June 17th, 2011 | Newsletter 1/2011

Doctoral Thesis

Flow Boiling Heat Transfer in Single Vertical Channels of Small Diameter

Abstract
Microchannel heat exchangers present many advantages, such as reduced size, high thermal efficiency and low fluid inventory; and are increasingly being used for heat transfer in a wide variety of applications including heat pumps, automotive air conditioners and for cooling of electronics.

However, the fundamentals of fluid flow and heat transfer in microscale geometries are not yet fully understood. The aim of this thesis is to contribute to a better understanding of the underlying physical phenomena in single-phase and specially flow boiling heat transfer of refrigerants in small channels. For this purpose, well characterized heat transfer experiments have been performed in uniformly heated, single, circular, vertical channels ranging from 0.64 to 1.70 mm in diameter and using R-134a, R-22 and R-245fa as working fluids. Furthermore, flow visualization tests have been carried out to clarify the relation between the two-phase flow behavior and the boiling heat transfer characteristics. Single-phase flow experiments with subcooled liquid refrigerant have confirmed that conventional macroscale theory on single-phase flow and heat transfer is valid for circular channels as small as 640μm in diameter.

Through high-speed flow boiling visualization of R-134a under nonadiabatic conditions seven flow patterns have been observed: isolated bubbly flow, confined bubbly flow, slug flow, churn flow, slug-annular flow, annular flow, and mist flow. Two-phase flow pattern observations  are presented in the form of flow pattern maps. Annular-type flow patterns are dominant for vapor qualities above 0.2. Onset of nucleate boiling and subcooled flow boiling heat transfer of R-134a has been investigated. The wall superheat needed to initiate boiling was found as large as 18 ºC. The experimental heat transfer coefficients have been compared to predictions from subcooled flow boiling correlations available in the literature showing poor agreement. Saturated flow boiling heat transfer experiments have been performed with the 640 μm diameter test section. The heat transfer coefficient has been found to increase with heat flux and system pressure and not to change with vapor quality or mass flux when the quality is less than 0.5. For vapor qualities above this value, the heat transfer coefficient decreases with vapor quality. This deterioration of the heat transfer coefficient is believed to be caused by the occurrence of intermittent dryout in this vapor quality range. The experimental database, consisting of 1027 data points, has been compared against predictions from correlations available in the literature. The best results are obtained with the correlations by Liu and Winterton (1991) and by Bertsch et al. (2009). However, better design tools to correctly predict the flow boiling heat transfer coefficient in small geometries need to be developed. Dryout incipience and critical heat flux (CHF) have been investigated in detail. CHF data is compared to existing macro and microscale correlations. The comparison shows best agreement with the classical Katto and Ohno (1984) correlation, developed for conventional large tubes.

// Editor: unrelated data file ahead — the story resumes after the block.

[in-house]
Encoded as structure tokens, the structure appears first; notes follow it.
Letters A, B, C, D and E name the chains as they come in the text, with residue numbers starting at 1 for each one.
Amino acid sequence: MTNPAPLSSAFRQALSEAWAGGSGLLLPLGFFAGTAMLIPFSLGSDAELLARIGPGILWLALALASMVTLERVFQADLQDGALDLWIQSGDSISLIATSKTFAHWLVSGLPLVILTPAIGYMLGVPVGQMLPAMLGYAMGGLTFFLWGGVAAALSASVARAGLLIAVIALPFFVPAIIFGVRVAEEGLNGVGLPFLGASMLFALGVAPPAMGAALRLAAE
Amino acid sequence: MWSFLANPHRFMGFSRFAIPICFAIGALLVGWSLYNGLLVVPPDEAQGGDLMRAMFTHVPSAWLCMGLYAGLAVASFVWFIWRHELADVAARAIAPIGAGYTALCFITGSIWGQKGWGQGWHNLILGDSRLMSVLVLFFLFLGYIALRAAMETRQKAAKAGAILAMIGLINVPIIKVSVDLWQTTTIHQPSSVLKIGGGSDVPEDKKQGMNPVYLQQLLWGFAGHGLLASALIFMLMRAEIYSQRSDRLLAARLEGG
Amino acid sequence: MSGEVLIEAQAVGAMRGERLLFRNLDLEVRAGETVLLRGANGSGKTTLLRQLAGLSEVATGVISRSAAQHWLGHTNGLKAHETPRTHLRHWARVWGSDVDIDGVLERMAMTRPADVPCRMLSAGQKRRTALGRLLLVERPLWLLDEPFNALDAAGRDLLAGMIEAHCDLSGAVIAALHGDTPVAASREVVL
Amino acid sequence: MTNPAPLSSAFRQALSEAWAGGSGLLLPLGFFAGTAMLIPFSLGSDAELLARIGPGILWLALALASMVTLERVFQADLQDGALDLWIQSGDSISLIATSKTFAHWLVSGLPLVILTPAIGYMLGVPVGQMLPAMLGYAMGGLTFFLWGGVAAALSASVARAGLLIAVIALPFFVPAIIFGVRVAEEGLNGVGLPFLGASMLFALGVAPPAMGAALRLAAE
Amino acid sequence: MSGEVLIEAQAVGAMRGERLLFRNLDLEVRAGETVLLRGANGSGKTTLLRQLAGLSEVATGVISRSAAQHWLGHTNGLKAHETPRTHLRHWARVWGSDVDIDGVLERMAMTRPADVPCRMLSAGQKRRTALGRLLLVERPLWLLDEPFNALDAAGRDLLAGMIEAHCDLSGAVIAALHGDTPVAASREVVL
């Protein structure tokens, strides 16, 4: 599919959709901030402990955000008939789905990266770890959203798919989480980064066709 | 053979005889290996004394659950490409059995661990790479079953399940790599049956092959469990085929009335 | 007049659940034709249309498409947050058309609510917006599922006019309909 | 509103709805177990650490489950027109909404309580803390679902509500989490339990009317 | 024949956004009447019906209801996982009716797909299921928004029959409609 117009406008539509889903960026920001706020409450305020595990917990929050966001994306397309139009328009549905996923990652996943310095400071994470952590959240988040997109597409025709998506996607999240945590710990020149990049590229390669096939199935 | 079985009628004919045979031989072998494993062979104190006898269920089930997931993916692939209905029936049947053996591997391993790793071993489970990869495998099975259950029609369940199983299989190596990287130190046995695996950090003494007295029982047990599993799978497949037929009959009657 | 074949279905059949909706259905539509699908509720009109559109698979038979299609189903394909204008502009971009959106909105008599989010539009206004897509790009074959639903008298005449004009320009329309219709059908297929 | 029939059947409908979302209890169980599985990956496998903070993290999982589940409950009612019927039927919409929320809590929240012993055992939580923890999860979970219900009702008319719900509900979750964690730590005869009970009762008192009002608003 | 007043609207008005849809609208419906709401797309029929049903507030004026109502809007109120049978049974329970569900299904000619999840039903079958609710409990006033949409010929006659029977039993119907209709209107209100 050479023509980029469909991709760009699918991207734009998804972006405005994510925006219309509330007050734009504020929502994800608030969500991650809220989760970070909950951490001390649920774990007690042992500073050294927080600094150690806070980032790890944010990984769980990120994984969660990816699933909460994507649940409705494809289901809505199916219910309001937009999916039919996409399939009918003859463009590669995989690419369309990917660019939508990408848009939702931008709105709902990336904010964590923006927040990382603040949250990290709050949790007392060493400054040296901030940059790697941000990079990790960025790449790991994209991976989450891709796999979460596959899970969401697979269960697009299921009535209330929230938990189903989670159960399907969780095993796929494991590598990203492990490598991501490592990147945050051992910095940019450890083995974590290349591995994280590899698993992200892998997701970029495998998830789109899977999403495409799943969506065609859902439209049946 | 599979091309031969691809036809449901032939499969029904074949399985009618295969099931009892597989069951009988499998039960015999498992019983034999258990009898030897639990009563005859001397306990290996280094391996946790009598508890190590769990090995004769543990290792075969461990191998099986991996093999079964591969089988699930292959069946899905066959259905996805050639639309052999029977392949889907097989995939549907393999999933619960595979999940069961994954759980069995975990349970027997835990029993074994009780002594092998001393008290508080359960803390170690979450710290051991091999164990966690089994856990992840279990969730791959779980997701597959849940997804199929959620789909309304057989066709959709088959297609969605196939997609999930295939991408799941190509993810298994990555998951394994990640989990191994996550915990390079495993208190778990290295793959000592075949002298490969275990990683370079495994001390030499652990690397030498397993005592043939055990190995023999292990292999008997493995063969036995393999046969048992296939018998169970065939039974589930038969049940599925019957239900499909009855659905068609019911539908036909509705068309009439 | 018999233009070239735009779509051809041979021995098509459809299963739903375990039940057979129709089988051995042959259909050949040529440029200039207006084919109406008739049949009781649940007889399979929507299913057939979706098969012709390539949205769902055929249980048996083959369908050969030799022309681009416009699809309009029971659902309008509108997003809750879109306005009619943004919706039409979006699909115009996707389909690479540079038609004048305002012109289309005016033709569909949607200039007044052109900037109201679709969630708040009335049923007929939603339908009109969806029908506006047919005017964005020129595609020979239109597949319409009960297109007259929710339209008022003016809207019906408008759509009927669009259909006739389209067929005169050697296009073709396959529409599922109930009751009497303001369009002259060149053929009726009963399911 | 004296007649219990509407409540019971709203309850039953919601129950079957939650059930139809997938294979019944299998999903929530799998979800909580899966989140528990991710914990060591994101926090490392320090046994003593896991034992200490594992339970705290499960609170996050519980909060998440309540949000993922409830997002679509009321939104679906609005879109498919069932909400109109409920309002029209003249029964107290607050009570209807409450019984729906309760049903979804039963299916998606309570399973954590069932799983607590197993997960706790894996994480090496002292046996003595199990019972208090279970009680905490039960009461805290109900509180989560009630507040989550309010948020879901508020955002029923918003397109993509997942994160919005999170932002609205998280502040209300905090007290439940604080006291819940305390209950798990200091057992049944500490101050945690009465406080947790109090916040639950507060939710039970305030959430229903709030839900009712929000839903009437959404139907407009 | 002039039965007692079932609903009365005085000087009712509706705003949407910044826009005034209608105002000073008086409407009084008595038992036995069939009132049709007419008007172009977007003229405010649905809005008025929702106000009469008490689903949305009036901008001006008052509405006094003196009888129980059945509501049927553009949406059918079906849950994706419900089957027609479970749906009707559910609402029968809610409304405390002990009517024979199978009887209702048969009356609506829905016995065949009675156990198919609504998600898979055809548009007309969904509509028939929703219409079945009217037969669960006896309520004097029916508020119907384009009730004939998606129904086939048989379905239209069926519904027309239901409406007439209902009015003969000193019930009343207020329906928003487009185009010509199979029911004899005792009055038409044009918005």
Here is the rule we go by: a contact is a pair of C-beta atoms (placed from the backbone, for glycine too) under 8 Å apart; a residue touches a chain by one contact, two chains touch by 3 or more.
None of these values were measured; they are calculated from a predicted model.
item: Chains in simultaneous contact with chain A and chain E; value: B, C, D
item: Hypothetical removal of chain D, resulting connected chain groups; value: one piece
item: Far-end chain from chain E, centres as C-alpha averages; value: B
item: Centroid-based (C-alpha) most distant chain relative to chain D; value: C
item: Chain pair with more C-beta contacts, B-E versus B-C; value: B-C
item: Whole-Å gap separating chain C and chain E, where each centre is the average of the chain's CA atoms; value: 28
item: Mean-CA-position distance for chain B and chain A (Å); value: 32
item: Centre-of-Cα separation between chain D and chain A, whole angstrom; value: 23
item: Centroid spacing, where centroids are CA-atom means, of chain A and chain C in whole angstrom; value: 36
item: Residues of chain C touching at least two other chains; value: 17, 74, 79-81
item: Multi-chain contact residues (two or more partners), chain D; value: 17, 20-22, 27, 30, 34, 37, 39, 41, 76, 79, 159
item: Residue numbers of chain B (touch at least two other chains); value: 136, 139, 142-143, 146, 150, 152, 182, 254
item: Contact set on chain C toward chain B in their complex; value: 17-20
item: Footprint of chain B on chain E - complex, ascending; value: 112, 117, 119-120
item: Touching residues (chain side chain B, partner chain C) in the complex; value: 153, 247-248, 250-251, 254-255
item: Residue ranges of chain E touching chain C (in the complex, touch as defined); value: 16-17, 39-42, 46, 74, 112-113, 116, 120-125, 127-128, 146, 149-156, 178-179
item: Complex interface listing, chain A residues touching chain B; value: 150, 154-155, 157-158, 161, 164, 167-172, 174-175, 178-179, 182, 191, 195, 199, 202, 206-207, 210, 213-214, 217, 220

Claudi Martín Callizo
Division of Applied Thermodynamics and Refrigeration
Royal Institute of Technology, KTH Stockholm, Sweden

Comments are closed.